This reprint of Arthur Avalon's classic work furthers our ambition to make all works of this pioneering author available again to the students and general reading public. Avalon was the first author to introduce this difficult, and hidden in secrecy, subject of T antra Shastra.
"Mahamaya" is the sixth volume of the series "The World as Power". A comparison is made between Shakta-vada and the better known Vedanta system called Mayavada. Both systems speak of Maya but understand them differently as explained in the ten chapters of this book. Its object is not to prove the truth of this or any other system, but to give an exposition of Consciousness as conceived in the doctrine of Power and in such exposition to show that it is not a mere fossil in a museum of antique thought but has practical utility today. It offers to Western philosophy a new conception of Consciousness and Mind and brings to the controversies within the Vedantic schools a profoundly conceived contri-bution, in its theory of power and in its doctrine of the unity of conditioned and unconditioned being, of the state of worldly experience which is Samsara and that super-worldly experience which is Moksha.
THE English reader is recommended to have recourse to the authors' previously published books (set out in the advertisement) for a better under-standing of the present volume. Its subject is an exposition of some aspects only of the Indian doctrine of the "World as Power" (Shakti-vada), as also a comparison between this and the better known Vedanta system called Mayavada. Both systems speak of Maya, but understand the term differently as explained in the first and following Chapters. Consequences of prime importance follow therefrom.
All the known ancient religions of the world including those of what are called "lower culture" have believed in a universal fund of Power which cannot be defined and circumscribed. All imply a universal, indefinable, all-pervading Power, not necessarily in itself "personal," but of which personality is an expression. So Dr. Carpenter (Comparative Religion, p. 81) speaking of the concept Orenda" of the North American Indians" says that it ex-presses an incalculable Energy manifesting in and as the sun, moon, and stars, waters, plants and animals, and all other objects of nature, breathing in the winds and heard in the thunder. This belief commonly called Animism is a crude form of the doctrine of an Anima Mundi held by some of the greatest thinkers. It is the universal background of the doctrine of Power on which ancient faiths, higher or lower, have rested and out of which they have evolved. When all such faiths and conceptions are reduced to a common denominator, we find a doctrine of Cosmic Power itself unmeasured and undefined, but which "measures" out (the root meaning of Maya), or makes finite forms in the formless infinite which together (form and formlessness) constitute one alogical "Whole (Alma). That Power was called the Magna Mater in the antique West, and in India is named Maya when it finitizes and mahamaya when it liberates from the finite. The finite is conditioned Being, and that is the universe or Sangslxra. Nirvana is Being unconditioned. The two are at base one, since the finite beings spring from the infinite and re-enter it, the latter yet remaining unaffected. The "World as Power" doctrine has grown from simple origin's to which expression is given in sexual imagery. It, like all else, has been sublimated by the Vedanta of which as Shrividya, it is a form. Sex is here both the symbol and sensuous manifestation of a fundamental diohotomy or diremption evolving in Consciousness and of a fundamental polarity appearing in its Power. It is with the doctrine thus philosophically developed that we deal. In this exposition of Consciousness-Power (Shakti-vada) reference is made to western philosophy and science. To anticipate criticism it may be said at once that it is not intended by the authors to assert that all .the conclusions of such science and philosophy here mentioned were in the mind of the Indian sages. What is affirmed is that much of modern Western scientific teaching is consonant with and follows logically from the principles laid down in Indian Scriptures dealing with Power or Shakti. These general principles implicitly contain more than the Indian texts explicitly state. Nothing, however, is here said which is not warranted by these texts and general Indian beliefs. Western philosophy and science may therefore be used to illustrate the Indian Principles and their applicability to many problems both ancient and modern. They do so illustrate precisely because the principles implicitly contain the scientific and metaphysical conclusions which are here found in them. This might seem to be too obvious for statement were it not our experience that mention of Western doctrine made by modern exponents of Indian Scriptures, frequently leads to the charge that an attempt has been made to read something into such Scriptures which is not there.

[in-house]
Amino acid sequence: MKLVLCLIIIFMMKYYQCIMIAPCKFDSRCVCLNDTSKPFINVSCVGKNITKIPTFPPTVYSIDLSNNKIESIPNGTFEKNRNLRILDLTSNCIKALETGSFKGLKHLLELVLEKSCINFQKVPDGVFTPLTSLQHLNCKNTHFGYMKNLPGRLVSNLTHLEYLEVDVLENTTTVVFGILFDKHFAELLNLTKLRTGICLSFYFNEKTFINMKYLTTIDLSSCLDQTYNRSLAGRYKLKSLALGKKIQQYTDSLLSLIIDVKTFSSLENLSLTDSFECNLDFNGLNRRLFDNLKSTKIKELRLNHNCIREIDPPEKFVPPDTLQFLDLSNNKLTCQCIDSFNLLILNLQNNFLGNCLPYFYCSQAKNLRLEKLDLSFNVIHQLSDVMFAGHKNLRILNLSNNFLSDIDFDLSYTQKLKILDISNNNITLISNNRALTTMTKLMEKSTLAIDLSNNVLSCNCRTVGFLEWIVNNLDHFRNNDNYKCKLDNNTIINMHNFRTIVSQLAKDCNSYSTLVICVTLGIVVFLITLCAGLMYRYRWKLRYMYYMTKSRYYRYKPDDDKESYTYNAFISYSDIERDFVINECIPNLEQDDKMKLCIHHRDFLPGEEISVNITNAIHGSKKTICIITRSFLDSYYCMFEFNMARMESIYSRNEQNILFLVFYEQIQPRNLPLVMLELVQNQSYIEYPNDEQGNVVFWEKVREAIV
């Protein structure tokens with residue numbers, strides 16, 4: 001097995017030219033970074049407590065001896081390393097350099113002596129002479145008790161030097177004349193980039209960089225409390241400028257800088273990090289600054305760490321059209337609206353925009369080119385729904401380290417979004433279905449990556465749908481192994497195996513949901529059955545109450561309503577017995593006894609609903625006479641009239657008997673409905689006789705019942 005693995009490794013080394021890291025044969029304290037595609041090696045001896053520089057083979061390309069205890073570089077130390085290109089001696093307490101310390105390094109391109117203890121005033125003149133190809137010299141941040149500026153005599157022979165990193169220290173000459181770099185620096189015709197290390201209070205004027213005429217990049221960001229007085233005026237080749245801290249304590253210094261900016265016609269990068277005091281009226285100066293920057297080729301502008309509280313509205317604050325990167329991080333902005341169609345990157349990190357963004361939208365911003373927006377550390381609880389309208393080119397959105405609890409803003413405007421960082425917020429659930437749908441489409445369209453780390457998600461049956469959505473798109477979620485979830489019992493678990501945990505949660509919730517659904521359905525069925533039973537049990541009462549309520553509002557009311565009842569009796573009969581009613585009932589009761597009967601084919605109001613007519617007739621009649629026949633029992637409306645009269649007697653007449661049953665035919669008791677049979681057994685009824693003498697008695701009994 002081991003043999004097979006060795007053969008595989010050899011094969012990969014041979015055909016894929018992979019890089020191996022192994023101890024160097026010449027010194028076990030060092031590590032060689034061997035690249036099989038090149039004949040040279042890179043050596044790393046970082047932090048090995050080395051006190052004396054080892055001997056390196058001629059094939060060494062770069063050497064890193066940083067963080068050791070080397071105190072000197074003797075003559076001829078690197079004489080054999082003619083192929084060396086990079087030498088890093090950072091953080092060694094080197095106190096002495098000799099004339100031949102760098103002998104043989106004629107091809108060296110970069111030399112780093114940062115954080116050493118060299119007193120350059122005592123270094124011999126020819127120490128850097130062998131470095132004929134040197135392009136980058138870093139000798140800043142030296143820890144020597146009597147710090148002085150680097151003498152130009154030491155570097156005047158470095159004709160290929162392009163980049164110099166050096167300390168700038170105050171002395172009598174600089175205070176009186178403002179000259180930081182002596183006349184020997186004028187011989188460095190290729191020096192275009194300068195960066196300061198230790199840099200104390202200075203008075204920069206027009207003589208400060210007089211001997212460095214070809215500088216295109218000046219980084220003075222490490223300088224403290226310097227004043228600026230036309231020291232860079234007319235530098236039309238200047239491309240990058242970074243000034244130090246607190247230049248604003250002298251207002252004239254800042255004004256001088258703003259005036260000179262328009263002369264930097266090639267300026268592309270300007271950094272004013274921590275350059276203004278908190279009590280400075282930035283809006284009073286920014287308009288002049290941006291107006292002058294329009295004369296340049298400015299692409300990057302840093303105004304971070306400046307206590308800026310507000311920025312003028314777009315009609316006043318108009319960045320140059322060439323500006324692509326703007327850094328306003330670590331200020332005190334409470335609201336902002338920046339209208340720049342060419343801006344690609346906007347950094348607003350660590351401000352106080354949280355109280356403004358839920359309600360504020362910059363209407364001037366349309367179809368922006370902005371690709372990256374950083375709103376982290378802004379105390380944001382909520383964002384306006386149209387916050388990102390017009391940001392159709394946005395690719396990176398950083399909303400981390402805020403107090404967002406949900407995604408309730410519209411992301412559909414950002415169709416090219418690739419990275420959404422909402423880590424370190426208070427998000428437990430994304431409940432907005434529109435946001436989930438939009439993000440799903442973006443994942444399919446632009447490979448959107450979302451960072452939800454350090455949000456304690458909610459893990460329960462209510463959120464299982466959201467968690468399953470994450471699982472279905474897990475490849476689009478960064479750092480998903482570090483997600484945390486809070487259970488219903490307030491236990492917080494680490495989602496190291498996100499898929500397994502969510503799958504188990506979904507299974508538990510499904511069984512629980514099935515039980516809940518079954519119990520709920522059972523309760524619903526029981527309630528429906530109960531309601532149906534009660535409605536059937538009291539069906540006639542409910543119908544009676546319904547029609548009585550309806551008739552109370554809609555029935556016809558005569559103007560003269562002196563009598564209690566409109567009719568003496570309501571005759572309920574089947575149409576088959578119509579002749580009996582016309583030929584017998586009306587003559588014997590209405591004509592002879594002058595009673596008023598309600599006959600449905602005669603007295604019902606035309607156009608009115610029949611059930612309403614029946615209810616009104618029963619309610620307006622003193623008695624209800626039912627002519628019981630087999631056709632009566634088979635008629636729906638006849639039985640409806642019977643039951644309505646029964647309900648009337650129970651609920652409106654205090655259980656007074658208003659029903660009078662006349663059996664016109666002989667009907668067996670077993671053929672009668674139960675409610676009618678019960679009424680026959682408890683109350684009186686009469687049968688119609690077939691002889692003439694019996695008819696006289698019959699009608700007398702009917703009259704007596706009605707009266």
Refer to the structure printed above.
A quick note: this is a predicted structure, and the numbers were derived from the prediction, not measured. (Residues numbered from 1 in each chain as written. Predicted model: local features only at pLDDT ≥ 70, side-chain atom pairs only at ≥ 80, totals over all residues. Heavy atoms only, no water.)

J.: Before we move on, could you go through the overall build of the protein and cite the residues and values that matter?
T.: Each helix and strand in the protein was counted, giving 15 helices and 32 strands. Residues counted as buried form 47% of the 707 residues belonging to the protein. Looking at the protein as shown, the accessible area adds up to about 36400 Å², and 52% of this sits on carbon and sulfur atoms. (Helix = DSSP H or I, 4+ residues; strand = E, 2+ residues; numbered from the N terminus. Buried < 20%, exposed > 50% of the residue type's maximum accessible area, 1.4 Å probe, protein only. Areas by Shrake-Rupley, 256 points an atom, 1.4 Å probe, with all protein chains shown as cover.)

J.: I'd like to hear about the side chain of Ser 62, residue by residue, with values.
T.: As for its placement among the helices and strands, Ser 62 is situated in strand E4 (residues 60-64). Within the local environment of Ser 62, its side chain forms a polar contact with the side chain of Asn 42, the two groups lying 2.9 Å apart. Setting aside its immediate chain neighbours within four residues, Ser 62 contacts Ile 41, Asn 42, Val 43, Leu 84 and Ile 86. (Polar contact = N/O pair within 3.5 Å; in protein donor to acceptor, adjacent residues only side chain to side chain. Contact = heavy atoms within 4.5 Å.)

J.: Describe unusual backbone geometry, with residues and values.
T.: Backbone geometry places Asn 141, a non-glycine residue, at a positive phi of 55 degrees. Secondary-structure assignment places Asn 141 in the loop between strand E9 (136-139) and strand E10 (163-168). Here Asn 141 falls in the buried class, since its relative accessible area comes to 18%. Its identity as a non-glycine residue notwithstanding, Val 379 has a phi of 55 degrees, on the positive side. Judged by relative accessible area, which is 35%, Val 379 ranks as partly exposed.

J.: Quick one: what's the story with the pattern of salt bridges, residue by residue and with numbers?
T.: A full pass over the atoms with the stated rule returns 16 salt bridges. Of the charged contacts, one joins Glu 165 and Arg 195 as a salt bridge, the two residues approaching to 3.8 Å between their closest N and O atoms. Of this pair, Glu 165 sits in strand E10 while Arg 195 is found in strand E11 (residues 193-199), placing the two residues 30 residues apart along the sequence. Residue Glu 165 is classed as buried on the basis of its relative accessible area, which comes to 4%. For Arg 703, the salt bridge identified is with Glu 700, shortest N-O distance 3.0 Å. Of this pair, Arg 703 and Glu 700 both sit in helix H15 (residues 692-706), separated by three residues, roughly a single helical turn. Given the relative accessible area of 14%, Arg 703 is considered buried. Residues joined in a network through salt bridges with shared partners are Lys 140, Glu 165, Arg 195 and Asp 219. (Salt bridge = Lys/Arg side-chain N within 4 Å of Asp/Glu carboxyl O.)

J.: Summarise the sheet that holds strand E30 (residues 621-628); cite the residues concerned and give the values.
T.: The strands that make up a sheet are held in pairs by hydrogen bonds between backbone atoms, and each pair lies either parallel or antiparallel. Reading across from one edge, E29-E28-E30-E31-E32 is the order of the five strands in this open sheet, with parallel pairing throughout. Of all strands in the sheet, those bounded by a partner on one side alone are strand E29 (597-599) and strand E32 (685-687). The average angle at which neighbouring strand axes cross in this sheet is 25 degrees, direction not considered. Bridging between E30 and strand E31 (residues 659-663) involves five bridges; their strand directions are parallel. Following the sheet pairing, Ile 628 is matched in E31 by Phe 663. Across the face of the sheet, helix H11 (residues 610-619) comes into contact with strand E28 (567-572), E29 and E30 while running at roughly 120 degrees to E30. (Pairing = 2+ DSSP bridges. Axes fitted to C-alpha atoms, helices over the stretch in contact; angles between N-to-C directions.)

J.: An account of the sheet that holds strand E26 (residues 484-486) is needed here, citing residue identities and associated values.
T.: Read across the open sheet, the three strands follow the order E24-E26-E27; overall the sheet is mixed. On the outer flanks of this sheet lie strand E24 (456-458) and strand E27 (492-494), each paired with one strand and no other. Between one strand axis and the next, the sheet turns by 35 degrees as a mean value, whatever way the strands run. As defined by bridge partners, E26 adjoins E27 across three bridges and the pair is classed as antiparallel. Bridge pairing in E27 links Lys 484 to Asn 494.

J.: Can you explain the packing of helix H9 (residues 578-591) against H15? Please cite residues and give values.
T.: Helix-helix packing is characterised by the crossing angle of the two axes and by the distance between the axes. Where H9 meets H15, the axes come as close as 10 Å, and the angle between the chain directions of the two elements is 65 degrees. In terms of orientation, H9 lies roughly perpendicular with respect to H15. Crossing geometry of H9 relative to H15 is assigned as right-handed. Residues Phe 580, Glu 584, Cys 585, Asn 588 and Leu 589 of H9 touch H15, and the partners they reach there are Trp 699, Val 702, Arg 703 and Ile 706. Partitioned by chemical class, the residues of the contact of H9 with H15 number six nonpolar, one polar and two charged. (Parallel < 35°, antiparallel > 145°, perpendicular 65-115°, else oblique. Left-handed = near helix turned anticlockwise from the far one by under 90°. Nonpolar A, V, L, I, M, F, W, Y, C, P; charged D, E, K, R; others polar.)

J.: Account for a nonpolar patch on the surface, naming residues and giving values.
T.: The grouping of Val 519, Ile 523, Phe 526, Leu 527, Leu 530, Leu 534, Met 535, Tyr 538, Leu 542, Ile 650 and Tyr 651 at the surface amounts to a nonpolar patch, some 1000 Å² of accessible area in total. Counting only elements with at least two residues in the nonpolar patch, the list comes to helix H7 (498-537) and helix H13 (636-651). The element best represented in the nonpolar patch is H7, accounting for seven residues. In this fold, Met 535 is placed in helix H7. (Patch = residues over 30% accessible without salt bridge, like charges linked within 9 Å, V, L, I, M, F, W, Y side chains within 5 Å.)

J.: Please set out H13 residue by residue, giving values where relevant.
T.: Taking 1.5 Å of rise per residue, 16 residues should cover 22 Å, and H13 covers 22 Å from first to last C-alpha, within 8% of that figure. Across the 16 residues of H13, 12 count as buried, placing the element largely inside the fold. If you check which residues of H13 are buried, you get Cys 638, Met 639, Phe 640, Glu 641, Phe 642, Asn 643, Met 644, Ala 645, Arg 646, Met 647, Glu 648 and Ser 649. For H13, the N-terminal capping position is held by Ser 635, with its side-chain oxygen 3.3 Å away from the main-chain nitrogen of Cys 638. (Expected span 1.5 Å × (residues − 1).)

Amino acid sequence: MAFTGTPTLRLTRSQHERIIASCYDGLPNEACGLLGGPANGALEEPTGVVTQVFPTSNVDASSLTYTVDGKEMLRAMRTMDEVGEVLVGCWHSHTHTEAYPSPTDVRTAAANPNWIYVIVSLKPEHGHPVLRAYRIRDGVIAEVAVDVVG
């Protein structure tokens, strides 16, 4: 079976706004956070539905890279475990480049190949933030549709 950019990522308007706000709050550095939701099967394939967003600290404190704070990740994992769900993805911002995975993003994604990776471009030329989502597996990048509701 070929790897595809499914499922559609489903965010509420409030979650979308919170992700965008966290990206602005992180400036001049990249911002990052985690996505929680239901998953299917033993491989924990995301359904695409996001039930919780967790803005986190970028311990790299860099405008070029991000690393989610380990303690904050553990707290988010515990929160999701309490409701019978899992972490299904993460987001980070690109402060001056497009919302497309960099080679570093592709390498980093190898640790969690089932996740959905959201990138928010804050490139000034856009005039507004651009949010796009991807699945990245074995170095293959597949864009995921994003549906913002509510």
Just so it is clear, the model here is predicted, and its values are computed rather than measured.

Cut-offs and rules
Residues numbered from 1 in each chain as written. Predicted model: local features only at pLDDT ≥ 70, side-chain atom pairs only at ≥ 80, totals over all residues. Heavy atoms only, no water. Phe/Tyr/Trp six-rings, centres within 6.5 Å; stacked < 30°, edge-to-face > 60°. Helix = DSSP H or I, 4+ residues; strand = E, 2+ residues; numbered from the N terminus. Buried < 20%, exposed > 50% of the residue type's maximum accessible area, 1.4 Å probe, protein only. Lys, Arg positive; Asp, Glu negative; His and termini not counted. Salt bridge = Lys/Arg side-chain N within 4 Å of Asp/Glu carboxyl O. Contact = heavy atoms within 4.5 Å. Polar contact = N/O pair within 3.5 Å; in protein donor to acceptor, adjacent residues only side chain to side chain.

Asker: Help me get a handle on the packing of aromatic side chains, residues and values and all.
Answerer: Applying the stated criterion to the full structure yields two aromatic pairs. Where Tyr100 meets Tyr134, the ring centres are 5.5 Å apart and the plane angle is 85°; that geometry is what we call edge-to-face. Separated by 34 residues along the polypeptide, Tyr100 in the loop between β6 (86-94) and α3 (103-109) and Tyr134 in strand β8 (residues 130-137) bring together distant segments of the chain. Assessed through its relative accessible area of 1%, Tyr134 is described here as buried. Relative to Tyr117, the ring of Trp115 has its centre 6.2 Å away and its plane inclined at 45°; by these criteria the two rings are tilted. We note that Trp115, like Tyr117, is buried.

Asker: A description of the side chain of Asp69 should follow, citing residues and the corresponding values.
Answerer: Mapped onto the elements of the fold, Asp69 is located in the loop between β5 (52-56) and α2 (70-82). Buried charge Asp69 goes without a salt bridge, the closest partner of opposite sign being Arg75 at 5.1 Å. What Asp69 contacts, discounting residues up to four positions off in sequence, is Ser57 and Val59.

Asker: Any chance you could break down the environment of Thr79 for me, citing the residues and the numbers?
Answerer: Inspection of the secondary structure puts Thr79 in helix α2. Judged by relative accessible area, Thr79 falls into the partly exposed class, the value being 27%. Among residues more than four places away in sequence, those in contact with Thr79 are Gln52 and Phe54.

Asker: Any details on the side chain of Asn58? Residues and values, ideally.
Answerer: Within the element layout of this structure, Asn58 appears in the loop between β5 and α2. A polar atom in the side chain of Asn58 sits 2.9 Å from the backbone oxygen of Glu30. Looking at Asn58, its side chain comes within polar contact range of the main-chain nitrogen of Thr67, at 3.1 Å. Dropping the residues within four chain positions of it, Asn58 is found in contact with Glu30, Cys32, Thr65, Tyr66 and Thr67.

**Contents and Sample Pages**
Brahma Sutras (79)
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